Can Air Canada Stock Return to $50 by 2022?

Here’s how much upside potential Air Canada stock has to rally over the next eight months as Canada’s economy continues to emerge from the pandemic.

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Ever since the pandemic started, I have cautioned investors against investing in Air Canada (TSX:AC) for several reasons. With all the uncertainty about the pandemic and therefore Air Canada stock’s operations, the potential reward has not been worth the risk, in my opinion.

Not only has Air Canada not yet recovered more than a year after the market pullback, but almost every other stock has outperformed it.

There are a variety of reasons I’ve cited to avoid the stock and why it could take a while for it to even double and reach its pre-pandemic price of $50 a share.

So let’s look at the numbers exactly and see what Air Canada could even be worth, assuming it could return to pre-pandemic levels of capacity overnight.

What is the most Air Canada stock could be worth today?

Before the pandemic, the company was doing almost $20 billion in sales annually. Today, sales over the last 12 months are less than $3 billion. So it’s clear the impact that the company has faced over the last year.

Even if the stock could return to those sales levels overnight, Air Canada faces additional headwinds, which could limit the upside of its share price.

For example, before the pandemic, the stock had roughly $300 million of interest expenses each year. That’s now up to around $500 million. That extra $200 million will therefore have a significant impact on profitability.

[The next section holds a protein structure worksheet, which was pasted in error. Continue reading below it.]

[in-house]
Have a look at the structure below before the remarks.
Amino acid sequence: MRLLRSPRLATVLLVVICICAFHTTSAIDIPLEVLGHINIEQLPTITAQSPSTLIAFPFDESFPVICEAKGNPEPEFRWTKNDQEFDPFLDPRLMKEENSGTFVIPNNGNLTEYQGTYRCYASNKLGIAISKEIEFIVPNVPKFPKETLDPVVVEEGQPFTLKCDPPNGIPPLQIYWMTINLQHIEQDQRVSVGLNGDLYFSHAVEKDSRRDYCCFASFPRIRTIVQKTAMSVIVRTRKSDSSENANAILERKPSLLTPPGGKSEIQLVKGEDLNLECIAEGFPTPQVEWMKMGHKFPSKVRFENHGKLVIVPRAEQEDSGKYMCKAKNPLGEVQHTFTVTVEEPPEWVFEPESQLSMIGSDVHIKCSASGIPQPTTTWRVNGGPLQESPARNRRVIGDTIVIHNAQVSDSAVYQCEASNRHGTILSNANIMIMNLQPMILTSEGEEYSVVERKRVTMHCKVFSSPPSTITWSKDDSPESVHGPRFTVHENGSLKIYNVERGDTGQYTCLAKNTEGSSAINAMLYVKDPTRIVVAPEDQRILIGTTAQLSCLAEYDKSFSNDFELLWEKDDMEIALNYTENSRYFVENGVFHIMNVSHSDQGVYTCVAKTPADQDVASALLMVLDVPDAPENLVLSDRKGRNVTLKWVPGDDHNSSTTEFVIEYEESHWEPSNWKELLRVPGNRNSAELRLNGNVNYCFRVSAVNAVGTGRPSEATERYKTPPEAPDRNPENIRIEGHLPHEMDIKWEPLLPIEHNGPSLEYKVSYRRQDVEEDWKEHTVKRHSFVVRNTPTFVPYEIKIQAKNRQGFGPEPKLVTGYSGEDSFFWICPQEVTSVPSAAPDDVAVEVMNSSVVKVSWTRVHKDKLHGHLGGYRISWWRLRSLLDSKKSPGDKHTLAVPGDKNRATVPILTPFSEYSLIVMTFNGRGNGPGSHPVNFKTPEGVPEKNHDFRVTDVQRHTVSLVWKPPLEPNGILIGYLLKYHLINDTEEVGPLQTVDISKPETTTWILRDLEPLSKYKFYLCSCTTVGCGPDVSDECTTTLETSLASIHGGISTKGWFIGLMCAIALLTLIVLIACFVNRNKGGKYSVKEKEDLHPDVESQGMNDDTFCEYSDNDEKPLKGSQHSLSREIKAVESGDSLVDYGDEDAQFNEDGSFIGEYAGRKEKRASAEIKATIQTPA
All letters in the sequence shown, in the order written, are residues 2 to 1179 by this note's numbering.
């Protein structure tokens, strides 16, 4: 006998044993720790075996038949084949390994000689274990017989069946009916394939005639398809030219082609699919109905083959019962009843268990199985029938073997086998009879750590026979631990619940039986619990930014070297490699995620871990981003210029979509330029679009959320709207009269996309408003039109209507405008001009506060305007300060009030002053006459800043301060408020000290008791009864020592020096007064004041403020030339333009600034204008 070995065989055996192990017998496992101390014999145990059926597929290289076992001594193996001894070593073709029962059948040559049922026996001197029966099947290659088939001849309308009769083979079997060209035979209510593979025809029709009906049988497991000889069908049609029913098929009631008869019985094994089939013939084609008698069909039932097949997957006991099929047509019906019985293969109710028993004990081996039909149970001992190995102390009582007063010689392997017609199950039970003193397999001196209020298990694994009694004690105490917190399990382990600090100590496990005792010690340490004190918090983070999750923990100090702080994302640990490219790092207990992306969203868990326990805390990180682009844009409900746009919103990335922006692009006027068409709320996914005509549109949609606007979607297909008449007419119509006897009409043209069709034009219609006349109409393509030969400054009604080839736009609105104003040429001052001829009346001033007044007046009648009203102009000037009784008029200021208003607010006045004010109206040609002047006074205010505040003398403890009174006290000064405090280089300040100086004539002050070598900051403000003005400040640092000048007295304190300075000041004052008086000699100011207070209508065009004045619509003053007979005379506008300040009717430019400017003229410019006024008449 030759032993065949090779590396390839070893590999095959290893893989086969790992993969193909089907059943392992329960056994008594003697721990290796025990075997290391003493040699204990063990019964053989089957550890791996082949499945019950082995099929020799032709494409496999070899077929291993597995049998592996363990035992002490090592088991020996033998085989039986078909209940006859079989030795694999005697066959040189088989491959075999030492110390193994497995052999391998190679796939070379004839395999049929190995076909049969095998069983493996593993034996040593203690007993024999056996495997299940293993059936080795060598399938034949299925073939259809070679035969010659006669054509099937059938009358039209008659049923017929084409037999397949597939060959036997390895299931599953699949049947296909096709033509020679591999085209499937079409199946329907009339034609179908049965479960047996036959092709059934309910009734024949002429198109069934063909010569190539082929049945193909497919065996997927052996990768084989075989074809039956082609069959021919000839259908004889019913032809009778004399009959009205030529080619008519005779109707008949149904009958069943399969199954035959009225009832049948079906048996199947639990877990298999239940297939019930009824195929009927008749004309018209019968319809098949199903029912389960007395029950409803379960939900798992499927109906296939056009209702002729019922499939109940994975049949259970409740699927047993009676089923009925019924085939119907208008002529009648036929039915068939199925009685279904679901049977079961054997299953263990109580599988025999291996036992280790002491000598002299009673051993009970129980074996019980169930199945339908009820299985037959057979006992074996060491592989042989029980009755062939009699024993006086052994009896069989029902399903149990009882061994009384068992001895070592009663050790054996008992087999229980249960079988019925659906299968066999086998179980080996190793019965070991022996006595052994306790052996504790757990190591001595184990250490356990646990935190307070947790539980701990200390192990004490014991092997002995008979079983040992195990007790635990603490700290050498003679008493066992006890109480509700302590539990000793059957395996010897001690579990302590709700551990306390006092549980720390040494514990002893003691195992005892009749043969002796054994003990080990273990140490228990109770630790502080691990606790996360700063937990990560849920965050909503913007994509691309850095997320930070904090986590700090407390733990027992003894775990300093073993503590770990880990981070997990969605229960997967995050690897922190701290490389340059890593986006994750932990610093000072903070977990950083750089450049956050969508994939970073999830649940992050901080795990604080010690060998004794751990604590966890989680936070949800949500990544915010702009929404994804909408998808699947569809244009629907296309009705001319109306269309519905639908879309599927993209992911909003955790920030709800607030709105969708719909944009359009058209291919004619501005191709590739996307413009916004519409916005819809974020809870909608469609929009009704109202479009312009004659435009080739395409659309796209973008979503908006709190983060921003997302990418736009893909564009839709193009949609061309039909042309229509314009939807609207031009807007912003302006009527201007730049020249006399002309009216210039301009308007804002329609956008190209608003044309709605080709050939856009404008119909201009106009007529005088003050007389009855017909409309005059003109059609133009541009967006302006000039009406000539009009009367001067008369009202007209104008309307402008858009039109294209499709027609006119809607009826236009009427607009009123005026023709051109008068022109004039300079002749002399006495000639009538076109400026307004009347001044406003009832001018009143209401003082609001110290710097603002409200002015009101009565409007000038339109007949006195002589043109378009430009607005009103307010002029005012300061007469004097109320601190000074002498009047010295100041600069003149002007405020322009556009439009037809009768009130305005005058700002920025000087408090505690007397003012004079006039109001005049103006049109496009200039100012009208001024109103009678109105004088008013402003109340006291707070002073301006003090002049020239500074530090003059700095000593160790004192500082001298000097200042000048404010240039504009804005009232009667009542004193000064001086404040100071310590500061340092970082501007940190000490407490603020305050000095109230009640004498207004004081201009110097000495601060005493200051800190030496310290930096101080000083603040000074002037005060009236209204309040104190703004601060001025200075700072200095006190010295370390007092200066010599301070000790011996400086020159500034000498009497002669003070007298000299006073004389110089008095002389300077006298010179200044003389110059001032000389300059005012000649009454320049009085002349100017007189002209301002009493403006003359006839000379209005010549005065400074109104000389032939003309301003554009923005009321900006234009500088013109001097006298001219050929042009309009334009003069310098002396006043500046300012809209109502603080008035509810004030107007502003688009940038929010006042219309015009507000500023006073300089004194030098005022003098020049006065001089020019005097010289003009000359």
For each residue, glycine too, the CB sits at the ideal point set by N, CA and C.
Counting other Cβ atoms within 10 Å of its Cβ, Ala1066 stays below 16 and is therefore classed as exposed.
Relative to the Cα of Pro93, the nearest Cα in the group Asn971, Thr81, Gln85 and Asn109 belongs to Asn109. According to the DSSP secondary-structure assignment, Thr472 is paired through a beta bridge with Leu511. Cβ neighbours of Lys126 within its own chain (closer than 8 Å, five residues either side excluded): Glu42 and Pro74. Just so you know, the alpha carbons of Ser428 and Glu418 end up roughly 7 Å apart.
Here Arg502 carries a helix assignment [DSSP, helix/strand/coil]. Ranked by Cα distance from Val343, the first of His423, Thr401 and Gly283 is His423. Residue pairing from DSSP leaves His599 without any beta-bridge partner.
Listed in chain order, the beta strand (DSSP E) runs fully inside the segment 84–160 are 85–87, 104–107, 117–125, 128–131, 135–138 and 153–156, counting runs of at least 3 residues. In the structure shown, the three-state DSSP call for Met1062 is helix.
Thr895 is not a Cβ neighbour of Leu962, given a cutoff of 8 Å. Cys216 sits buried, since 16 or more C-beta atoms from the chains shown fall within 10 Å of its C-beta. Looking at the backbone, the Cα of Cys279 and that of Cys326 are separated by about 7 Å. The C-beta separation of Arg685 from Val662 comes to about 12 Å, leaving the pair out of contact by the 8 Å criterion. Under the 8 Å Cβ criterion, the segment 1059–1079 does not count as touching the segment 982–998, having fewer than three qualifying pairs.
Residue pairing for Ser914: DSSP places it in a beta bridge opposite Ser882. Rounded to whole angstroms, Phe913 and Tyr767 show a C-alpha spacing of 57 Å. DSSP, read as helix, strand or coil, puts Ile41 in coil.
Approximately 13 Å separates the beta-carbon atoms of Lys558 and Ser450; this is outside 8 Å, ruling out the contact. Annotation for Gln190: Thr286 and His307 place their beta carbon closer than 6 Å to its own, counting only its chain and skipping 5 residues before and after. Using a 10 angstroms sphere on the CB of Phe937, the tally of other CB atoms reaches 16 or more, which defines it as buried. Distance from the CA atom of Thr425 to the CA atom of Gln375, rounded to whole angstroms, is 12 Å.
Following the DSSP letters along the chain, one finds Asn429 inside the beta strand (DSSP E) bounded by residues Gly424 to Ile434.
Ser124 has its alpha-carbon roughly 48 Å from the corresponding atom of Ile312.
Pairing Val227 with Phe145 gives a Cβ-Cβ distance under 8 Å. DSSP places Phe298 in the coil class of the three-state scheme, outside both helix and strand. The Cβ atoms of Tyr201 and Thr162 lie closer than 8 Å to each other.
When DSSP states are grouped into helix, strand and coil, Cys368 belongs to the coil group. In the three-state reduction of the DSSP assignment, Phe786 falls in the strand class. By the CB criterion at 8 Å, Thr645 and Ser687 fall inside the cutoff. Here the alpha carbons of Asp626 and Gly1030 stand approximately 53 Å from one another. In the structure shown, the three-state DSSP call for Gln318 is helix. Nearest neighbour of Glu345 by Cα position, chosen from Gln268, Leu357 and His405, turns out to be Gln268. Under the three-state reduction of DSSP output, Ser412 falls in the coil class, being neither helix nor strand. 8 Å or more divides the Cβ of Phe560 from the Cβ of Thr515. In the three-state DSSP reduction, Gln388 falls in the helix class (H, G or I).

Looking at what it could be worth today, though, is difficult because we don’t know the metrics the market will value it at after the pandemic.

For example, Air Canada stock could end up having a higher price-to-earnings (P/E) ratio than it did before the pandemic as investors are excited about its potential for recovery.

However, it could also have a slightly lower P/E ratio than before if investors think the stock is riskier today and are worried the economy may close back down again before we’re completely in the clear.

This is important to keep in mind because different valuation metrics can change the price of the stock without any change in its performance.

Before the pandemic, Air Canada traded with a forward P/E of right around 10.0 times for a few years. So if you assume similar metrics, by my rough calculations, the stock could be worth about $32 or as high as $36.

Why it could take years to hit $50 a share

Not only will Air Canada’s sales not bounce back immediately, but even when they do, it will have many headwinds impacting it.

Firstly, as I mentioned before, higher interest expenses weighing on profitability. Second, with more debt, even if Air Canada stock reached the same enterprise value, the market cap would be significantly lower.

And third, even if the market cap could reach the pre-pandemic level of roughly $12.8 billion, with investors having been diluted over the past year, the share price would be lower anyway.

The company had 263 million shares before the pandemic and 333 million shares today. That’s an increase of more than 25%.

So even if Air Canada stock could reach a $12.8 billion market cap, which is a stretch in my opinion, with today’s share count, the share price would be just $38.50.

That’s why I think the maximum the stock could be worth is $32 to $36, if it were to return to full capacity tomorrow. And it seems like most analysts covering the stock seem to agree. The average target price among analysts is just $30.80, offering just over 20% upside.

So even if many things go right for Air Canada, it could be a long time before the stock reaches $50 a share again, and it almost certainly won’t happen by 2022.

This article represents the opinion of the writer, who may disagree with the “official” recommendation position of a Motley Fool premium service or advisor. We’re Motley! Questioning an investing thesis — even one of our own — helps us all think critically about investing and make decisions that help us become smarter, happier, and richer, so we sometimes publish articles that may not be in line with recommendations, rankings or other content.

Fool contributor Daniel Da Costa has no position in any of the stocks mentioned.

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